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MTA makes case for keeping payroll tax

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Calling a court's repeal in August of the MTA payroll tax an "error," the MTA has filed a legal brief saying the tariff passes constitutional muster and must be reinstated.

"This error must be corrected," read the argument presented before New York Supreme Court, Appellate Division, which will decide Mangano v. Silver, referring to Nassau County Executive Edward Mangano and state Assembly Speaker Sheldon Silver (D-Manhattan) as litigants.

"The Legislature and decades of judicial precedent have conclusively established that funding for the MTA is a matter of substantial state concern," the 52-page brief continued.

It invokes the state legislature's exclusive power to tax without implicating the home rule provision of the state constitution -- language that targets the linchpin of the lawsuit that overturned the tax.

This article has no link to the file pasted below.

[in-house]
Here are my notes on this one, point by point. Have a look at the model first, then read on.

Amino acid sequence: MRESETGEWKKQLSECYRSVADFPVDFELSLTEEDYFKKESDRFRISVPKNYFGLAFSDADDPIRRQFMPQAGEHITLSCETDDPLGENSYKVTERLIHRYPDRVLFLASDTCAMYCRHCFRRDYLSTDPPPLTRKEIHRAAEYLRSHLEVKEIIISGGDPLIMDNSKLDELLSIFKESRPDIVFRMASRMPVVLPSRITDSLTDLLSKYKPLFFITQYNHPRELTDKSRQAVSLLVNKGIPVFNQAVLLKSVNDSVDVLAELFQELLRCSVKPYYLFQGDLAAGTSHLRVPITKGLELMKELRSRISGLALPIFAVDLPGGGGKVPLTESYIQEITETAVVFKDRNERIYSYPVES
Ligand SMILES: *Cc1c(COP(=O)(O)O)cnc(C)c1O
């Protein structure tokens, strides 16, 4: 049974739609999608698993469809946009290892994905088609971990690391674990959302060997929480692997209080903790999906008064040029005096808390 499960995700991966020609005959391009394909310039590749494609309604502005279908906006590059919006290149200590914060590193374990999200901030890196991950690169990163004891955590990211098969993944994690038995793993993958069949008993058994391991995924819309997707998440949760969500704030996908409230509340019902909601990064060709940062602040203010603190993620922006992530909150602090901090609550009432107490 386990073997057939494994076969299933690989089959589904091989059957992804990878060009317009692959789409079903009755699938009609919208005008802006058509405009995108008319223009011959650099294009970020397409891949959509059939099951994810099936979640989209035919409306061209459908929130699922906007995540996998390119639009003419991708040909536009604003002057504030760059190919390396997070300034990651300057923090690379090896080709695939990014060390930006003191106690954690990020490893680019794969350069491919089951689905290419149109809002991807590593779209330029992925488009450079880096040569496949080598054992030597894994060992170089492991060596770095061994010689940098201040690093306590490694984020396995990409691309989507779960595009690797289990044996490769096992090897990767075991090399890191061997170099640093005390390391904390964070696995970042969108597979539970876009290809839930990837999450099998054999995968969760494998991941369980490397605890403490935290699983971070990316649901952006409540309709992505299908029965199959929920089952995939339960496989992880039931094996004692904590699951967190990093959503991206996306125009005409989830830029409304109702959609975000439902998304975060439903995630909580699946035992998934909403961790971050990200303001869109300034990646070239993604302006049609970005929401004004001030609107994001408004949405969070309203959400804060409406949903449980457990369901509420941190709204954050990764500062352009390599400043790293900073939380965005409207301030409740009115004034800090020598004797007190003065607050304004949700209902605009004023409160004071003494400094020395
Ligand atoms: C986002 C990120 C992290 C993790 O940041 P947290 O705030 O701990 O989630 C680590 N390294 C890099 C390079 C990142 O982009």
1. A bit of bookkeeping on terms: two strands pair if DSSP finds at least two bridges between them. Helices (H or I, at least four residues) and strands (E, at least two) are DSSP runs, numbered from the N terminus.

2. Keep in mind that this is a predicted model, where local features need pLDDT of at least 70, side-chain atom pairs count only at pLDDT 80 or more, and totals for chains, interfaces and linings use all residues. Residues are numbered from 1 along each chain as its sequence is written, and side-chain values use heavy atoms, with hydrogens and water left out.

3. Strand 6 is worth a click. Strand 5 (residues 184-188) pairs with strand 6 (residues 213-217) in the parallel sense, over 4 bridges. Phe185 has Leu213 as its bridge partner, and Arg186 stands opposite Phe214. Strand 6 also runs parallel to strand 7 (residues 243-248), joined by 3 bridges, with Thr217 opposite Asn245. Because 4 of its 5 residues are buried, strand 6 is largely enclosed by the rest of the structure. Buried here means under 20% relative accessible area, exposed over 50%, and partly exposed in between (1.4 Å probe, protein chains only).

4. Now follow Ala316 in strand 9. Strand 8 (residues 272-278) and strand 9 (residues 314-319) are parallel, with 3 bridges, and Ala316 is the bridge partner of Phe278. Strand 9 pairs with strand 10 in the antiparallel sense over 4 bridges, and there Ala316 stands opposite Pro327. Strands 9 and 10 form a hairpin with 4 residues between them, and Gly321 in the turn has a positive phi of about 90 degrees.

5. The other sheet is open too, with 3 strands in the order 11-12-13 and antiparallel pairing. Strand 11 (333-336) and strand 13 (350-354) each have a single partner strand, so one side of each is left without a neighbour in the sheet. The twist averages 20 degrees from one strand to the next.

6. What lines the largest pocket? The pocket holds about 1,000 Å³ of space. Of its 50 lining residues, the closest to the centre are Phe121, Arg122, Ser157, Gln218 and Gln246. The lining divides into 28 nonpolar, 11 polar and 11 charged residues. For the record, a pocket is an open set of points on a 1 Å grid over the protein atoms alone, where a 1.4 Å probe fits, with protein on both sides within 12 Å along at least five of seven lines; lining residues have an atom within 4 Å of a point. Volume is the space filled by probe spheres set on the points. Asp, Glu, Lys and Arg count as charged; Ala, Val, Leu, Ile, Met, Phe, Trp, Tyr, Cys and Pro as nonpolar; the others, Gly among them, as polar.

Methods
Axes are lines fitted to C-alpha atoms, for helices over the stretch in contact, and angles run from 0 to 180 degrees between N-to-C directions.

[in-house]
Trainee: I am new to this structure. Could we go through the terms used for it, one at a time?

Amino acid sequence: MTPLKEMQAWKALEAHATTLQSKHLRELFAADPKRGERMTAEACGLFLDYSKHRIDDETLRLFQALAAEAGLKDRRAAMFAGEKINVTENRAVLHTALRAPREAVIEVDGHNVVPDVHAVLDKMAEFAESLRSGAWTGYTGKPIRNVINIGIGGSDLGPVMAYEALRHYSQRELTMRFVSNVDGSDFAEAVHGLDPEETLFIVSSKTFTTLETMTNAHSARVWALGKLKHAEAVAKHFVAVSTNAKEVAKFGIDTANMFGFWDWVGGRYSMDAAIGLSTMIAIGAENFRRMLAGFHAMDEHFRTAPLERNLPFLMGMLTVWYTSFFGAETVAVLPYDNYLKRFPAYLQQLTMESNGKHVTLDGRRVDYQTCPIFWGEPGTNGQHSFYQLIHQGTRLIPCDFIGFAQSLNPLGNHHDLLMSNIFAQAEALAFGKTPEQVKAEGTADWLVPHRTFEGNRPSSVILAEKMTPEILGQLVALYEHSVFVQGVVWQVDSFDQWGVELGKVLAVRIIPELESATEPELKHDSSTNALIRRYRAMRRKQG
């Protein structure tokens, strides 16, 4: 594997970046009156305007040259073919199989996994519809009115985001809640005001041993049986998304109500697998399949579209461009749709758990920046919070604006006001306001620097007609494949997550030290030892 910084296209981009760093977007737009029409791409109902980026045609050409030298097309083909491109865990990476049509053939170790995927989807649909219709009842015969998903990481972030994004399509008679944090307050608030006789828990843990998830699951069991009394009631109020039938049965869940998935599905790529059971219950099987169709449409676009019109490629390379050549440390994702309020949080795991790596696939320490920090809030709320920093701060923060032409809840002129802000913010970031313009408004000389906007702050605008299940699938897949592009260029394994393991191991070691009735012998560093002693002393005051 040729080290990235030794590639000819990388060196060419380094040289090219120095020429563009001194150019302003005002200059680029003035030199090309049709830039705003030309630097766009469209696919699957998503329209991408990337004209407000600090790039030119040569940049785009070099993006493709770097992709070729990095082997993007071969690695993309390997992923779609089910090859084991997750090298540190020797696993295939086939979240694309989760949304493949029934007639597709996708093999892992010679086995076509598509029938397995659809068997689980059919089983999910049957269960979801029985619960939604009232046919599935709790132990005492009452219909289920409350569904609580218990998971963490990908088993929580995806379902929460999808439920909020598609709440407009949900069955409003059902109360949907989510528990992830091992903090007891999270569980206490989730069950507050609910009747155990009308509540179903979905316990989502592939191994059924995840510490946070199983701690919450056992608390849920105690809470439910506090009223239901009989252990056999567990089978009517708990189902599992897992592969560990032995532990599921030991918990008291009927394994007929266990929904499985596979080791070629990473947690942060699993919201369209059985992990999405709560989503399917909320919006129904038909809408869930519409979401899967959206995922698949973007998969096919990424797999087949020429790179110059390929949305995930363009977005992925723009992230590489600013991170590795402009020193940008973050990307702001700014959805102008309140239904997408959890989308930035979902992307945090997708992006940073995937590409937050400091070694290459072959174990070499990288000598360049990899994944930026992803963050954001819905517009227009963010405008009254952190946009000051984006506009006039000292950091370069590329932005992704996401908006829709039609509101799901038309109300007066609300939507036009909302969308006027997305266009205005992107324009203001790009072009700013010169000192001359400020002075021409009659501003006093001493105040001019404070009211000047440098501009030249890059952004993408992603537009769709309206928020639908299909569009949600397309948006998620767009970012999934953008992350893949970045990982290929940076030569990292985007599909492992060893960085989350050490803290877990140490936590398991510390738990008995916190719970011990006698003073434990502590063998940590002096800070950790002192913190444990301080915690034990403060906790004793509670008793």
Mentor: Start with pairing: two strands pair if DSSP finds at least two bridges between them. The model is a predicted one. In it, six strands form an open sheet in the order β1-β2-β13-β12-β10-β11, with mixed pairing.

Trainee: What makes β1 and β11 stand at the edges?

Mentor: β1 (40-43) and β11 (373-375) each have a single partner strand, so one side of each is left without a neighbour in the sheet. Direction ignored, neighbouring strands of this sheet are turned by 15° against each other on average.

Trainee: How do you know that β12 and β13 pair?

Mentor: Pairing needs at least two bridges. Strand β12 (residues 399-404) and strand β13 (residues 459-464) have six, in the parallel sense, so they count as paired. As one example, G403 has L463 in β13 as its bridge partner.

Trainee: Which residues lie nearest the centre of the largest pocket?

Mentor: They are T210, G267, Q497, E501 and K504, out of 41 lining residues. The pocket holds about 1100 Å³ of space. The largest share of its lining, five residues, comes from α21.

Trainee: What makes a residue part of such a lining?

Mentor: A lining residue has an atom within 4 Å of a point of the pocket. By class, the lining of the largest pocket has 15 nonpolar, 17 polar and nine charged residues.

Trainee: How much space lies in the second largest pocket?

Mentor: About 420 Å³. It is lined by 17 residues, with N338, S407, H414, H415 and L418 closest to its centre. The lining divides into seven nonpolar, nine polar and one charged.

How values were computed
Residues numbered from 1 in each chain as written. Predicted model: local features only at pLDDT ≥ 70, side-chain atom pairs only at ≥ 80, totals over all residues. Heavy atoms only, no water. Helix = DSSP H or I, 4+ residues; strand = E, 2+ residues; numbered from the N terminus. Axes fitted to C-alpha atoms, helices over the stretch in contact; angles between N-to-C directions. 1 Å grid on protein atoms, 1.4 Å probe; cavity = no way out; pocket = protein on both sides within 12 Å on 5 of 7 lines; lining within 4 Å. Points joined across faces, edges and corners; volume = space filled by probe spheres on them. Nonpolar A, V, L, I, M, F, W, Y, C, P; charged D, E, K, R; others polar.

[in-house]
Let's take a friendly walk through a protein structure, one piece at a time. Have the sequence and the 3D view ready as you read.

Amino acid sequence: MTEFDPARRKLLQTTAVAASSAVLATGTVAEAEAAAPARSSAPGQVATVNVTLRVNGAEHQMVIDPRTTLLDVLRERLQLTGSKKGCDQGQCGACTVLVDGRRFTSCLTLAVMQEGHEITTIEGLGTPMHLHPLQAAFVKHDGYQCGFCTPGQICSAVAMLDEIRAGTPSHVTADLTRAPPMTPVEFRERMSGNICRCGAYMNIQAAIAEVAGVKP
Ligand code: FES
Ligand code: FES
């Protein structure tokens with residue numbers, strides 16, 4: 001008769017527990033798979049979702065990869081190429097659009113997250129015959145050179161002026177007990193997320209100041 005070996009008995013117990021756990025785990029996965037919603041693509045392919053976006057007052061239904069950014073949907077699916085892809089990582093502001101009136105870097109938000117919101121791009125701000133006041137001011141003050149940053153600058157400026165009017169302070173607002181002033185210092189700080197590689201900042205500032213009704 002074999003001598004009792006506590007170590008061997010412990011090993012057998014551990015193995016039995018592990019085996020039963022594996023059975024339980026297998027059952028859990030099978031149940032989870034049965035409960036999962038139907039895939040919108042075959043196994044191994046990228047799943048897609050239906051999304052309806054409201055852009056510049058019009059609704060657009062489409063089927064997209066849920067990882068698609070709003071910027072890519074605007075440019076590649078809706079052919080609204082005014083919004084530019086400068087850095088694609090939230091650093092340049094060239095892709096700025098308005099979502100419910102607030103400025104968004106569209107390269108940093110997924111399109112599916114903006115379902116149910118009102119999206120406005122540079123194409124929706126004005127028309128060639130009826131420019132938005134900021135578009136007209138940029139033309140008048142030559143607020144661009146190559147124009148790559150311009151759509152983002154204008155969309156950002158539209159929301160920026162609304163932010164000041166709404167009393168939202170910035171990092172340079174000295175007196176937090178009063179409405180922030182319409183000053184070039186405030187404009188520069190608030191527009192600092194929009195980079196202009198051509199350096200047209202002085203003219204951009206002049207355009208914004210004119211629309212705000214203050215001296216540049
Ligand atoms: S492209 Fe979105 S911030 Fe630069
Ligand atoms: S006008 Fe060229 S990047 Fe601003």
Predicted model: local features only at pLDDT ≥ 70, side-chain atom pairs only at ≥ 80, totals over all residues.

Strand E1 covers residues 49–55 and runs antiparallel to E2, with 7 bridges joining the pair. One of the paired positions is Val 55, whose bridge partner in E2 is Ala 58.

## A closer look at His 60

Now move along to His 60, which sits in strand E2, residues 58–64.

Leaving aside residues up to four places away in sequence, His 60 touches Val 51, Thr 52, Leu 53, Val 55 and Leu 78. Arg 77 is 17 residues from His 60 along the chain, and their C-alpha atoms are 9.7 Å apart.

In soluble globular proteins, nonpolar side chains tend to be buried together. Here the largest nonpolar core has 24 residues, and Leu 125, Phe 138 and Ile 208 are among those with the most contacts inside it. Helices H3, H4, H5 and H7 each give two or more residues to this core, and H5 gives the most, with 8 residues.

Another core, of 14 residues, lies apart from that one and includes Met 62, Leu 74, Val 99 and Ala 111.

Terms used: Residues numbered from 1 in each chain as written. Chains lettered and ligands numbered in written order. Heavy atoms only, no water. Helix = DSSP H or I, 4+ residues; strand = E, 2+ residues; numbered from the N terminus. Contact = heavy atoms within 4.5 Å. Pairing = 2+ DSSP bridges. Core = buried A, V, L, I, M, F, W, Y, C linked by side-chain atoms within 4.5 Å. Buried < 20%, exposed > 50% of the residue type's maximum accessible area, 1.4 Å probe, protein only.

Mangano could not be reached for comment.

The payroll tax, which many legislators and employers on Long Island found onerous, was enacted in 2009 to close the Metropolitan Transportation Authority's $1.8 billion budget gap.

It charges employers in the 12-county MTA service area 34 cents on each $100 of payroll. In 2009, Long Island's 13 towns and two counties paid more than $7.2 million. For instance, the Town of Hempstead paid $476,839 and Brookhaven Town $270,000.

Employers and legislators in Nassau, Suffolk and several other counties launched a lawsuit to repeal the tax, arguing it was unconstitutional because the state needed home rule messages from municipalities or a two-thirds vote in both houses of the State Legislature, neither of which occurred.

In August, a State Supreme Court judge sided with the plaintiffs, and MTA officials appealed the ruling despite some Republicans' pleas to let it stand.

But the MTA's response said the tax has nothing to do with the "property affairs or government" of the local municipalities. It argued that the home rule provision used in cases where the state and local legislatures share legislative power does not apply to the payroll tax.

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